Happy International’s Women Day! This year, I decided to celebrate this festivity by writing about what women’s empowerment is for me and about women whom I find inspiring.
First, it is important to define what we mean by women’s empowerment. Empowerment is such a buzzword nowadays, and it is at risk of losing its meaning, yet it is a precious word and it should be saved. According to the Oxford Dictionary, the term empowerment can have two meanings:
- Authority or power given to someone to do something.
- The process of becoming stronger and more confident, especially in controlling one’s life and claiming one’s rights.
Keywords to extract from those two definitions are “power”, “stronger”, “confident”, “controlling” and “rights”. These are important concepts that need to be considered and put into context within the women’s empowerment movement. Power is the ability to act and as long as it is not dominant power (based on fear, manipulation and coercion) it is a positive term that should help people to feel better about themselves and be autonomous. To have power, you need to be strong and feel confident, two concepts deeply related to a person’s SELF-respect, SELF-acceptance, SELF-worth and SELF-esteem.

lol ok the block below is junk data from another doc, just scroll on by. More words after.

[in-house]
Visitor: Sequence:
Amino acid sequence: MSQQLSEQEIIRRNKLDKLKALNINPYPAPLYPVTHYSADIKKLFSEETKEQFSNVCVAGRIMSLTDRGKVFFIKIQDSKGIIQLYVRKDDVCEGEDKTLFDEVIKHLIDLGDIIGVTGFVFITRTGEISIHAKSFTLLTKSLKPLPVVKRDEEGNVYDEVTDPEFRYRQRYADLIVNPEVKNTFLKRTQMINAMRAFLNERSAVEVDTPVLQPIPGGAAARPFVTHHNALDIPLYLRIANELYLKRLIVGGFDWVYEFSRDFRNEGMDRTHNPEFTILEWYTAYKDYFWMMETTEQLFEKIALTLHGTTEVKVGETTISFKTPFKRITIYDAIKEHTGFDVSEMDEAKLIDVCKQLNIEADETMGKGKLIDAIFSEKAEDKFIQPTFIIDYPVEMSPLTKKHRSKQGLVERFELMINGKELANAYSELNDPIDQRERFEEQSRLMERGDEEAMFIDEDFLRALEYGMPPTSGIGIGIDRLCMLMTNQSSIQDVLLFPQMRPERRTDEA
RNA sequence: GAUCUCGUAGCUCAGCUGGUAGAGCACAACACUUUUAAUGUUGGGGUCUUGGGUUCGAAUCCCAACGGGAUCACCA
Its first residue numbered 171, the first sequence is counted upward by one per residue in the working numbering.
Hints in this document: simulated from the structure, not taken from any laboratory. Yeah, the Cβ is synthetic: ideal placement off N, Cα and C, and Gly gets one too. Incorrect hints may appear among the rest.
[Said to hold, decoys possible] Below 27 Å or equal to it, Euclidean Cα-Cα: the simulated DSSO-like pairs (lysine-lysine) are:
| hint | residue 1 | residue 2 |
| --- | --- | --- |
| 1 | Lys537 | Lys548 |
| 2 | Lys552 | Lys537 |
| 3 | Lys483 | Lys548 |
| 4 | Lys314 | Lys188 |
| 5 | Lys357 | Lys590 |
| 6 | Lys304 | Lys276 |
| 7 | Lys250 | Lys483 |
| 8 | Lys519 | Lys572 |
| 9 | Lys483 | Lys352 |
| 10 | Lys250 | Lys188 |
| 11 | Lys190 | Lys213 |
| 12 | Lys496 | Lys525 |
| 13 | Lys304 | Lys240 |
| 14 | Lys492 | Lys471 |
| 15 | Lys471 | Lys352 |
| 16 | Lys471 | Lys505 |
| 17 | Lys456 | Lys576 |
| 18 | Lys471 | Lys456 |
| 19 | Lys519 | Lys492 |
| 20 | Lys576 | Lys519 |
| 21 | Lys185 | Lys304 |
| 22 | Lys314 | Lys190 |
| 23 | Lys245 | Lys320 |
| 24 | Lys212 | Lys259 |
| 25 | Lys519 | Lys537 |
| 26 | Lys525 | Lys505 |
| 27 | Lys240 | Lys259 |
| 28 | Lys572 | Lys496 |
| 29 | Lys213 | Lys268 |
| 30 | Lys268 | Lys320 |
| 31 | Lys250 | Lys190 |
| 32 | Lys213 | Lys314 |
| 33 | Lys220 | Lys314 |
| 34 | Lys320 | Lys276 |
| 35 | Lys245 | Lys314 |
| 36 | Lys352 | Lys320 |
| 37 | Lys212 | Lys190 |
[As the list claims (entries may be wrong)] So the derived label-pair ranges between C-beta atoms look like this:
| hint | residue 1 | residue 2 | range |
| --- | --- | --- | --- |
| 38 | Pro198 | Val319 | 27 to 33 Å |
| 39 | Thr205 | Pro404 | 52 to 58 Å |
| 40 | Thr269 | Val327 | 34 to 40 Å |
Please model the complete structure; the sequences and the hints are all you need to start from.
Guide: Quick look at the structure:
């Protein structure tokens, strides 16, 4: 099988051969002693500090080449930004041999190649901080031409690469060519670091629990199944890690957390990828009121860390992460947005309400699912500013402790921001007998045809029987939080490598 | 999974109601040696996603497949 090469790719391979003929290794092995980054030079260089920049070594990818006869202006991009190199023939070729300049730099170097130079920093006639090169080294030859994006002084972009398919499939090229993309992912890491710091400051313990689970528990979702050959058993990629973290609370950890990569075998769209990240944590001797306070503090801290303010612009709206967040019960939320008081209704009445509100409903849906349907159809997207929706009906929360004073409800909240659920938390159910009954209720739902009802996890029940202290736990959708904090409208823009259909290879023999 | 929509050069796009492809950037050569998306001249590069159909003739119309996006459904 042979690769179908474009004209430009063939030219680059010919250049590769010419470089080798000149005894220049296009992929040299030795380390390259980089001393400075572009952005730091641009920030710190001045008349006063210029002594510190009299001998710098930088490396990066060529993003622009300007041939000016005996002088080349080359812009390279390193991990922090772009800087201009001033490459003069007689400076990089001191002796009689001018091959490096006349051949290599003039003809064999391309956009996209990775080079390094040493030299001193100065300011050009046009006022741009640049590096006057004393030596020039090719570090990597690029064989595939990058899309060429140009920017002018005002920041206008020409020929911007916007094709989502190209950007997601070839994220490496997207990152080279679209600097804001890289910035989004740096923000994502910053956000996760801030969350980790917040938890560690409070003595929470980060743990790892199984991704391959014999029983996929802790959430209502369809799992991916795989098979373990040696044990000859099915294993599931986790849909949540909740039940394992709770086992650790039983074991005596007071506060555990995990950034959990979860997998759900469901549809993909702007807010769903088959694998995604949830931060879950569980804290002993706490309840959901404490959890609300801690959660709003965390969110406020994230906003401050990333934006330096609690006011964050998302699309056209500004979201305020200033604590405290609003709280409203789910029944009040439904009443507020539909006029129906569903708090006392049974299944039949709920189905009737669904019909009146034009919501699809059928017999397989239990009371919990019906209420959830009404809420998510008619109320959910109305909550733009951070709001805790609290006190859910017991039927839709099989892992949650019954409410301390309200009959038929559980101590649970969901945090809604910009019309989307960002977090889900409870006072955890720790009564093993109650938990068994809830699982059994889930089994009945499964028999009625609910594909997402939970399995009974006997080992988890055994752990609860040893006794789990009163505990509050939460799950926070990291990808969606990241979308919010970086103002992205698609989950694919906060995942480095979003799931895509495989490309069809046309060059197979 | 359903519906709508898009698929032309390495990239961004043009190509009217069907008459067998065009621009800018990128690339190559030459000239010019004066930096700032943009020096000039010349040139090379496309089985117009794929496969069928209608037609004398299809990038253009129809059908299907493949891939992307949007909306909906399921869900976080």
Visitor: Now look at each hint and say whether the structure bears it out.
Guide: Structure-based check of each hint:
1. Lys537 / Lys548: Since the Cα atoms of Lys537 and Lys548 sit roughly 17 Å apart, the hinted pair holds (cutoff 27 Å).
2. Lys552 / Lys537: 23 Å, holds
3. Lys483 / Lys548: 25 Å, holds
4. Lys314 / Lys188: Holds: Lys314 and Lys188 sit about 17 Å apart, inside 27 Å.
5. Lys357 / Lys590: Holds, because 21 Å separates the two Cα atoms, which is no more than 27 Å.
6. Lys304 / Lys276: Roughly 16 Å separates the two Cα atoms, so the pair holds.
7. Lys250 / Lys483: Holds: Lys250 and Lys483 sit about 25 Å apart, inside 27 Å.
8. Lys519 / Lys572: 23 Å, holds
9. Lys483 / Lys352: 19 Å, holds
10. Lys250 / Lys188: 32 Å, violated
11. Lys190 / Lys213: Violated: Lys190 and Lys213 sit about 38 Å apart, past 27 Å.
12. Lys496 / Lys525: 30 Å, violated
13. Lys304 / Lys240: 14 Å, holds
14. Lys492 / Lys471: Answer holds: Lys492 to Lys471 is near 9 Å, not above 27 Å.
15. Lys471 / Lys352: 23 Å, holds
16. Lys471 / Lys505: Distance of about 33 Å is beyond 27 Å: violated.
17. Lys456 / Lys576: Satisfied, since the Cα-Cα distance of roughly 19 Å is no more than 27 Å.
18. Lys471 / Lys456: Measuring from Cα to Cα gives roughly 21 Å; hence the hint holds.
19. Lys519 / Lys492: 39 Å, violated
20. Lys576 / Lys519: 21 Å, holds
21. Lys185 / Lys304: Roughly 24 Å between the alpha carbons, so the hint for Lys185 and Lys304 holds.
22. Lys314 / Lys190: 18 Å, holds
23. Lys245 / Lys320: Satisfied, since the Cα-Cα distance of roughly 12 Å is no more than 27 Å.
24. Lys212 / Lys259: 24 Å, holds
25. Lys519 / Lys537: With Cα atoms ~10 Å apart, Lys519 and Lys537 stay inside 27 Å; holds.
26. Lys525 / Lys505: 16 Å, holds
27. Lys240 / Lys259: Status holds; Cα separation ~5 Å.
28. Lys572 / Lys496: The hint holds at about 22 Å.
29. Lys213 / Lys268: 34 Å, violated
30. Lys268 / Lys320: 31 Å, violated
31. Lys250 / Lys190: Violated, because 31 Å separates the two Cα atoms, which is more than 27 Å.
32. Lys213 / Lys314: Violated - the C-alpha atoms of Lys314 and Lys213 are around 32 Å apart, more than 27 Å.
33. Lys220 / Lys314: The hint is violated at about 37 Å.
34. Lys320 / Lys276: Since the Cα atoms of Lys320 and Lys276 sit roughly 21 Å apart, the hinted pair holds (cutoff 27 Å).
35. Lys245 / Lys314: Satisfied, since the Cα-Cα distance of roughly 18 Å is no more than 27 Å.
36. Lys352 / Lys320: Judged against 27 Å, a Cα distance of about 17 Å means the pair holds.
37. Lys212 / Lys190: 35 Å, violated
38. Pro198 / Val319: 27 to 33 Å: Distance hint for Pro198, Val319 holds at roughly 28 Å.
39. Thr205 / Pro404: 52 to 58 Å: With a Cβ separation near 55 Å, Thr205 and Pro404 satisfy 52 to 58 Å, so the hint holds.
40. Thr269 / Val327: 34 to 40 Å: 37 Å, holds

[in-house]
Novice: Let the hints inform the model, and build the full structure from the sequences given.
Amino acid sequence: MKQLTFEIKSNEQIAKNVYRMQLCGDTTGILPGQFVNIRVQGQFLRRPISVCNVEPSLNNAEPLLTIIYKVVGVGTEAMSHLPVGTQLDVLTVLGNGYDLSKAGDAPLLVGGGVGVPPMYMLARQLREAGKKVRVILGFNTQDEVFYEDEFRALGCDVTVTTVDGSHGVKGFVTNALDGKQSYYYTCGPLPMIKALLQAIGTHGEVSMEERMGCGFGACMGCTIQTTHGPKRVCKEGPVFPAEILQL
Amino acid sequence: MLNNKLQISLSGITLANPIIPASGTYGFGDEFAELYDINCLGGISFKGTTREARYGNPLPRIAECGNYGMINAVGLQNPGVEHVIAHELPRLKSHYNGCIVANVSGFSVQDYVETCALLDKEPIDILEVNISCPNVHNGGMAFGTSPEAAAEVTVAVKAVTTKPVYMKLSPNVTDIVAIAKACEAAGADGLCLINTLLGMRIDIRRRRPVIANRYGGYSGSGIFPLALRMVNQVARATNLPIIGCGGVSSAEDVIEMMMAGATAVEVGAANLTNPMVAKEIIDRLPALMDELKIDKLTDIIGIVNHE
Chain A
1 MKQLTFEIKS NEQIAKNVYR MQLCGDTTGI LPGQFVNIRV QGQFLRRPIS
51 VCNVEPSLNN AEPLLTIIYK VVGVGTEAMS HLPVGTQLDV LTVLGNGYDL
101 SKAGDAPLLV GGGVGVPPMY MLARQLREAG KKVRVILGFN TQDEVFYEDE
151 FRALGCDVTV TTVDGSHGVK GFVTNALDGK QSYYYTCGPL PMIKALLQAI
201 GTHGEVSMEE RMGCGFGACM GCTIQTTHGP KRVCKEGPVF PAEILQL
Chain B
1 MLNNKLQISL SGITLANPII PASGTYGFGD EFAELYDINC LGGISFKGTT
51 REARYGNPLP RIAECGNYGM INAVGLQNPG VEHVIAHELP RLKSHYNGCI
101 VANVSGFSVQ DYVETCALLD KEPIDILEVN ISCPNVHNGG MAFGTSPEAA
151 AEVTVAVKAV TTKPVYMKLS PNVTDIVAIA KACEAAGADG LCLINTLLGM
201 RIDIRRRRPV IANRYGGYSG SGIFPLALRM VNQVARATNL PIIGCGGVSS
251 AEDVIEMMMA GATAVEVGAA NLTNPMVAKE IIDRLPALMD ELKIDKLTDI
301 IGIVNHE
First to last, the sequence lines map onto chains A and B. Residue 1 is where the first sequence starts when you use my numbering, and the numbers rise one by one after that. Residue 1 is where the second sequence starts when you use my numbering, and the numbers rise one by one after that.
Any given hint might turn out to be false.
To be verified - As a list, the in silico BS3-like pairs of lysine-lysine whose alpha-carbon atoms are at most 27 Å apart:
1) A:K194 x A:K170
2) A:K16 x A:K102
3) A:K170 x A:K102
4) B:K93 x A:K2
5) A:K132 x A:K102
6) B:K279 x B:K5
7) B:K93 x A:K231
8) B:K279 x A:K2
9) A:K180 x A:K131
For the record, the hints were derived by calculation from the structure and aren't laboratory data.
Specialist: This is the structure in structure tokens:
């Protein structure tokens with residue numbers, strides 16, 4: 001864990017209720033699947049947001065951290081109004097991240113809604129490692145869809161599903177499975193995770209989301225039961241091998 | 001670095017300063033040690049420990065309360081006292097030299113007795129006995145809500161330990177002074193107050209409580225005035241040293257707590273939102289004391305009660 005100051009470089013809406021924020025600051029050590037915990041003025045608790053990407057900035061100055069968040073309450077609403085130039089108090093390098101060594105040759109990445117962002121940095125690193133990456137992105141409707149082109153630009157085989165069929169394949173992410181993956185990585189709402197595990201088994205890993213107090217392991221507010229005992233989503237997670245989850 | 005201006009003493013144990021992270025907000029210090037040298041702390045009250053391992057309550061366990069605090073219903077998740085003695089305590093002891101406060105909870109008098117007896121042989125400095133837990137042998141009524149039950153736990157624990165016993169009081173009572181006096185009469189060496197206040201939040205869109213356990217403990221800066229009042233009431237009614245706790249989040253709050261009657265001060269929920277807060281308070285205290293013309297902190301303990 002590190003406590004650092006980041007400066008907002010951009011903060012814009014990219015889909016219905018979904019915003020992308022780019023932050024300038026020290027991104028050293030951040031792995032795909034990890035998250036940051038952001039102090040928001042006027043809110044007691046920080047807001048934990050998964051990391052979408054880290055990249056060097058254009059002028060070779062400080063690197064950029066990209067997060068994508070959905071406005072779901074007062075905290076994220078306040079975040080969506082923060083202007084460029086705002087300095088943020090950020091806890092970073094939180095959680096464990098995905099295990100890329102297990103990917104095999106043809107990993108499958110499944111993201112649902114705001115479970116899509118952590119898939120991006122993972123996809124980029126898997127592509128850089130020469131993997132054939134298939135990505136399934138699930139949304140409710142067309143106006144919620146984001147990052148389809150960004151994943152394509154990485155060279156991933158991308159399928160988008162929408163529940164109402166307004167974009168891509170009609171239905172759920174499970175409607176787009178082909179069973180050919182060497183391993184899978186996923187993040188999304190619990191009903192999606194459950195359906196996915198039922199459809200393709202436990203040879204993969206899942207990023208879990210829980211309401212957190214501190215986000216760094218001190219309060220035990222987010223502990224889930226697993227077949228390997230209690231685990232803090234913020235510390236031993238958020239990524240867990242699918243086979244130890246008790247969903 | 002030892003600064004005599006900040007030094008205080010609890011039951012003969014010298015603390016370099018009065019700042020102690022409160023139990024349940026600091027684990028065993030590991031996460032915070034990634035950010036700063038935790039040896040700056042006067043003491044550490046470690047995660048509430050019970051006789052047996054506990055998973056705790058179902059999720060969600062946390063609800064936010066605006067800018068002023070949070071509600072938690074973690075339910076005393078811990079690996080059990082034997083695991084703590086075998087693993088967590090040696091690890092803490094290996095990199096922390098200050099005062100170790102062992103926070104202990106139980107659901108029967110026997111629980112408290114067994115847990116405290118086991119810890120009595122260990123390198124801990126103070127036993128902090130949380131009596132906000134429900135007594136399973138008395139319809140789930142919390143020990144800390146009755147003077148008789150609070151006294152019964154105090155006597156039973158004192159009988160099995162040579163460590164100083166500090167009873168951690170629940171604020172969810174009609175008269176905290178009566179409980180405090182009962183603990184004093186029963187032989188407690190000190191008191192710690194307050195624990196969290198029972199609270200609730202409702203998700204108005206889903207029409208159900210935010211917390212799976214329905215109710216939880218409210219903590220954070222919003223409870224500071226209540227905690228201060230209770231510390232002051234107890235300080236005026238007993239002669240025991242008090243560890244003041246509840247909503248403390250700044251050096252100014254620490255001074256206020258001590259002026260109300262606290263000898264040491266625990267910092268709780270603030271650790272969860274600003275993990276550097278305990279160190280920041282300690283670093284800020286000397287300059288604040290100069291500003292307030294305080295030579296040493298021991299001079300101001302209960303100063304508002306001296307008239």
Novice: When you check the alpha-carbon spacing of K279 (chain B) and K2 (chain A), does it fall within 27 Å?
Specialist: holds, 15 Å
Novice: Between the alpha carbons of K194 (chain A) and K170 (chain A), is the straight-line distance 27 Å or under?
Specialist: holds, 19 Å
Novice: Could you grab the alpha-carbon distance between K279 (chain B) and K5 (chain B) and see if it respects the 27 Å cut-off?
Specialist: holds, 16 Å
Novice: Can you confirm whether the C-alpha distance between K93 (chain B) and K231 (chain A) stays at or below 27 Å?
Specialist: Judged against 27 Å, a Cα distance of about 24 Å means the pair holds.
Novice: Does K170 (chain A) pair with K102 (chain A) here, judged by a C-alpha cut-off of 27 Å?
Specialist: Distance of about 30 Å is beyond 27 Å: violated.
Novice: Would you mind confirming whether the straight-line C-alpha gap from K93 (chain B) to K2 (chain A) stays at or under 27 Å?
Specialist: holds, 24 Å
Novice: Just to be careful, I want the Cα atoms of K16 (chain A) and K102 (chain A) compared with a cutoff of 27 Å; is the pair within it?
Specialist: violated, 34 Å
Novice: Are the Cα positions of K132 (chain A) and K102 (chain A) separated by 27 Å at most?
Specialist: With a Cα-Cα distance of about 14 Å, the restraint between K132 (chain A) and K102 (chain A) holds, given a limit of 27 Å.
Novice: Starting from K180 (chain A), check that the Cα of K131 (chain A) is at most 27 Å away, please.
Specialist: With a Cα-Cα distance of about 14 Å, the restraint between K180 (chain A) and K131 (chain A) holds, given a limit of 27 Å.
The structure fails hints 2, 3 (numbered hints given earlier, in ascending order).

Notice how I capitalised the word “self” on my last sentence. It was on purpose: before anything else, empowerment comes from within OURSELVES, meaning that we need to value ourselves and accept ourselves, see our worth and appreciate who we are, to feel truly powerful. Why? Because our emotions and thoughts are influenced by all those things. And at the same time, our emotions and thoughts will have an effect on our behaviour and actions, affecting ultimately our self-actualisation: our desire and path for self-fulfilment, which is to achieve (trying to achieve) all our realistic goals in life.
However, it is important to point out that women’s empowerment requires more than the positive relationship of a woman with herself. A good mind-set and emotional wellbeing is essential, but so is freedom: women’s empowerment has a lot to do with women making their own informed choices. And to make their own informed choices, women need more than a positive concept of themselves. Women need to have their basic needs (e.g. food, shelter) covered, they need to have the same legal rights as men, they need to have access to education and they need to be financially secure. Basically, women need to be treated as humans with free will and have their human rights respected. But we all know this doesn’t happen. Issues like poverty, inequality, lack of education and sexism hinder the ability of women to make informed choices, while affecting their development disproportionately. And this is a global matter that needs to be tackled.